Retinopathy and cataracts each affect about 15 per cent of patients and may result in a significant loss of independence for these individuals. Maculopathy is an especially common form of retinopathy in type 2 and may threaten vision; 31 it may be very difficult to diagnose at routine fundoscopy. By contrast, proliferative retinopathy, the most common cause of blindness in type 1 diabetes, is rare. Nephropathy is probably as likely to develop in type 2 as it is in type 1, although its prevalence is lower because most type 2 patients, being substantially older, have a shorter exposure to hyperglycemia and therefore less opportunity to progress to end-stage nephropathy with renal failure. In addition, because type 2 diabetes is now so common, these patients constitute the majority of those requiring renal replacement therapy in many countries. Finally, neuropathy is a common complication and causes serious morbidity in a substantial proportion of type 2 patients, about eight per cent of whom have painful, rather than asymptomatic, neuropathy.7 At least one-third of male type 2 patients, when directly questioned, have some degree of erectile dysfunction.32....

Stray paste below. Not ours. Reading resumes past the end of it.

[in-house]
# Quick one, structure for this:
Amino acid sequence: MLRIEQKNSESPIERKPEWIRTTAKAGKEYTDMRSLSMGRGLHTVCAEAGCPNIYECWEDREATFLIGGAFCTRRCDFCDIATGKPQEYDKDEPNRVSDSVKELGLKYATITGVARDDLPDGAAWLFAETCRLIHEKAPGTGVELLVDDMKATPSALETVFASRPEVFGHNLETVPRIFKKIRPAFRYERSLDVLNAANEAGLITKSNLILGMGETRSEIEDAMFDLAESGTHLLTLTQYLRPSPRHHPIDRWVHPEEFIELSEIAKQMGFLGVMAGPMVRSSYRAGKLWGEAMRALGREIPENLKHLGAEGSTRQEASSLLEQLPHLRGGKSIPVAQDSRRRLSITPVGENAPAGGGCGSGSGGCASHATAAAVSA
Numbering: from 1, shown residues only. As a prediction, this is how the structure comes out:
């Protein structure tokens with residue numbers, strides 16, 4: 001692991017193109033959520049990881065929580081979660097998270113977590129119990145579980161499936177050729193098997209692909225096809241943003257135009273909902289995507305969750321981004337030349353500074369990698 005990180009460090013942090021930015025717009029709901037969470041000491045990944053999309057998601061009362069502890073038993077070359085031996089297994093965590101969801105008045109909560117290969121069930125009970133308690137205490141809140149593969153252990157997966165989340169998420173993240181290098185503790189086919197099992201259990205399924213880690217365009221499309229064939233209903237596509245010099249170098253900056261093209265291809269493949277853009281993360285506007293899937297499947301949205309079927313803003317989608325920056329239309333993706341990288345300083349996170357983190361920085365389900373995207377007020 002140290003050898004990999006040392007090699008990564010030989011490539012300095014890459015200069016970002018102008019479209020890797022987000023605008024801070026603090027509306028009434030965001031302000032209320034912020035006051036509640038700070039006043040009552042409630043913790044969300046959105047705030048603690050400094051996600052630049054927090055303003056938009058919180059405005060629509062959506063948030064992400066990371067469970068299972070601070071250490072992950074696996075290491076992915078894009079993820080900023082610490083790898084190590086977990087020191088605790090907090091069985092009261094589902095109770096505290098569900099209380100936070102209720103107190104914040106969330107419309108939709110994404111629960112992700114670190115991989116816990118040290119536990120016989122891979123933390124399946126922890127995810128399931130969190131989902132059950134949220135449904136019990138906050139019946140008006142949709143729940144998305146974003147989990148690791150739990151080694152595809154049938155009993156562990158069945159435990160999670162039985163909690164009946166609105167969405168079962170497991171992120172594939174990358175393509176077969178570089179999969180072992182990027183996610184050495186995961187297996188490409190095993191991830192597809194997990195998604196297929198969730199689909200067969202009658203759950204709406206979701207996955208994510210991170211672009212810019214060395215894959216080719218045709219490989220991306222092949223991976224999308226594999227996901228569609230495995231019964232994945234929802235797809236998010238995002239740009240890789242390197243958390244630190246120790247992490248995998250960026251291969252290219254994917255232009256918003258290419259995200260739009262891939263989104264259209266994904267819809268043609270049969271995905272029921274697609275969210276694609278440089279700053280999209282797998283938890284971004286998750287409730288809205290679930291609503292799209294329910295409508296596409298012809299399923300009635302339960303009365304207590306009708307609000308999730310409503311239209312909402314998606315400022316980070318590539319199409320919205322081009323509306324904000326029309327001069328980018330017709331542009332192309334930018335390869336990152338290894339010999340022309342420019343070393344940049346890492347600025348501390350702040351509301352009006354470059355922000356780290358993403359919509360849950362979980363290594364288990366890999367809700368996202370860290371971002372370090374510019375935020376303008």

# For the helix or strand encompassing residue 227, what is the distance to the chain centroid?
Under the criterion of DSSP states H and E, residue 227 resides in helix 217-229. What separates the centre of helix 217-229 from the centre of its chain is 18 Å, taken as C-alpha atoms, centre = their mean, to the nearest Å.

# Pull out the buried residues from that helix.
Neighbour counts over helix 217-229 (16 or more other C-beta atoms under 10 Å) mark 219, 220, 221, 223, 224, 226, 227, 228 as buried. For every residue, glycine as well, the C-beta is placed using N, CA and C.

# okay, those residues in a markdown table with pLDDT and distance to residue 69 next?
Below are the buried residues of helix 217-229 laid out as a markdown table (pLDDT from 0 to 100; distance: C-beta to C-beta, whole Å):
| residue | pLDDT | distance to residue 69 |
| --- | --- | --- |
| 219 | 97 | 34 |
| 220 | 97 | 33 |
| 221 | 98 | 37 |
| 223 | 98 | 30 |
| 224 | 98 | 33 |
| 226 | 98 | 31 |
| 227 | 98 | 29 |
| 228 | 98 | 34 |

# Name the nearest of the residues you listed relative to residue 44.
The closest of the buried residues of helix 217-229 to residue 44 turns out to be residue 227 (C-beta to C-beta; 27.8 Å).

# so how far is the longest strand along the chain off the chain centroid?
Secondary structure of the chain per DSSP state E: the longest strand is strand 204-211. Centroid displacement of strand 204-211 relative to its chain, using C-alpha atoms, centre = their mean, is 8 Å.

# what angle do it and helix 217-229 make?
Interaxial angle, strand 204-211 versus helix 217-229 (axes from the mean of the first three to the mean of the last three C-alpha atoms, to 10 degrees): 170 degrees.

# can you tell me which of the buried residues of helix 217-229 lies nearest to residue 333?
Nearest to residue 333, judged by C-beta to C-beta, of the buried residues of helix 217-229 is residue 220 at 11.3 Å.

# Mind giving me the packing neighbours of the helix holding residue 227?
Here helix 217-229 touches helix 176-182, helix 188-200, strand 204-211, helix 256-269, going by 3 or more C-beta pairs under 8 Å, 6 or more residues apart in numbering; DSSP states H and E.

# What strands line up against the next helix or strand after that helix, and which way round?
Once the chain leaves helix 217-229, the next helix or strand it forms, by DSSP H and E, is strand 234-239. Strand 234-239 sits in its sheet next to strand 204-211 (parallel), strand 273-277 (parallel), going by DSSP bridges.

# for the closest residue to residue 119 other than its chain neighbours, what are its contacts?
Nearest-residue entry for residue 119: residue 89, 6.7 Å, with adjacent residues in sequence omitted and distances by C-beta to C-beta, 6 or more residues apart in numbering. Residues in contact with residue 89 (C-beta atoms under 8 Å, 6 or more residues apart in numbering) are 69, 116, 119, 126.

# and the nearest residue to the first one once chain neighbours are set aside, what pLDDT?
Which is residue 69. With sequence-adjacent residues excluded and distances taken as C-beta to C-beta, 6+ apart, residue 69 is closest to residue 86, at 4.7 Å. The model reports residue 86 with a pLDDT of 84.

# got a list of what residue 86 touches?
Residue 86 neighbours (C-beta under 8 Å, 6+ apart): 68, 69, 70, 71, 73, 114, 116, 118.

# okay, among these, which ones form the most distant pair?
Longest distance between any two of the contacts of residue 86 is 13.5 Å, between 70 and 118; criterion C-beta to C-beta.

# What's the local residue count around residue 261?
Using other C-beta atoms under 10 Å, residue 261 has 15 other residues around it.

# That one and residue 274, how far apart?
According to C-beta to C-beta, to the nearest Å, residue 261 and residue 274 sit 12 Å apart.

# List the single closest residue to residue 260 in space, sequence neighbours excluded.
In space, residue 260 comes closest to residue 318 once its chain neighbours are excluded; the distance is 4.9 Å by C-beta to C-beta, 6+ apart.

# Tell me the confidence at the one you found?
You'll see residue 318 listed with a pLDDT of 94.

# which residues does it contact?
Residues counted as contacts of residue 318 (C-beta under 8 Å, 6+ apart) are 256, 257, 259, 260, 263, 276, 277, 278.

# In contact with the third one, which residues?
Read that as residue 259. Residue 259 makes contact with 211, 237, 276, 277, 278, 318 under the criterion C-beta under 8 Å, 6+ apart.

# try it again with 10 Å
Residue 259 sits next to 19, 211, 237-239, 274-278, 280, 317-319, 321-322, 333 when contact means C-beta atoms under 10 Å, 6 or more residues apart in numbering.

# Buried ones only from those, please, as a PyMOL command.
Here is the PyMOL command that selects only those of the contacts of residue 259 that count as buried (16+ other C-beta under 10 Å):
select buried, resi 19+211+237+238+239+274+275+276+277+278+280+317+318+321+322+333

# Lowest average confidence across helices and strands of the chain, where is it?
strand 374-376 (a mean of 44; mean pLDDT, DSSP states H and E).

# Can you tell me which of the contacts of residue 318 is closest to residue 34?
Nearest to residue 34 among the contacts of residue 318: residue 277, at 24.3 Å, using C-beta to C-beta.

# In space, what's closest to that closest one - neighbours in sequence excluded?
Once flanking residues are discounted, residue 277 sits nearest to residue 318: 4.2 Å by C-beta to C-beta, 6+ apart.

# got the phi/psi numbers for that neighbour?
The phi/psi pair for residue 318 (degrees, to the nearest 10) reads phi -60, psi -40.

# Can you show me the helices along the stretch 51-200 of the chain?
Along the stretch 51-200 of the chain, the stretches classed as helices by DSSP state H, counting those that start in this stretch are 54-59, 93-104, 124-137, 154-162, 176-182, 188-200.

Research on cognitive function in older people with type 2 diabetes has been performed primarily by small, cross-sectional studies and, to a lesser extent, by epidemiological studies involving much larger samples. Within each type of study, however, the evidence generated has been inconsistent. There are two main reasons for this lack of consensus. First, older people with diabetes usually also have other medical conditions that impair cognitive functioning, such as hypertension and cardiovascular disease. Therefore, identifying the independent contributions of diabetes and of other conditions, or indeed controlling for the influence of the latter, presents a challenge for researchers.33,34 Second, there is a lack of consensus over the cognitive functions that ought to be tested, as well as the assessment instruments that should be used. As a result, no two studies have used the identical test battery.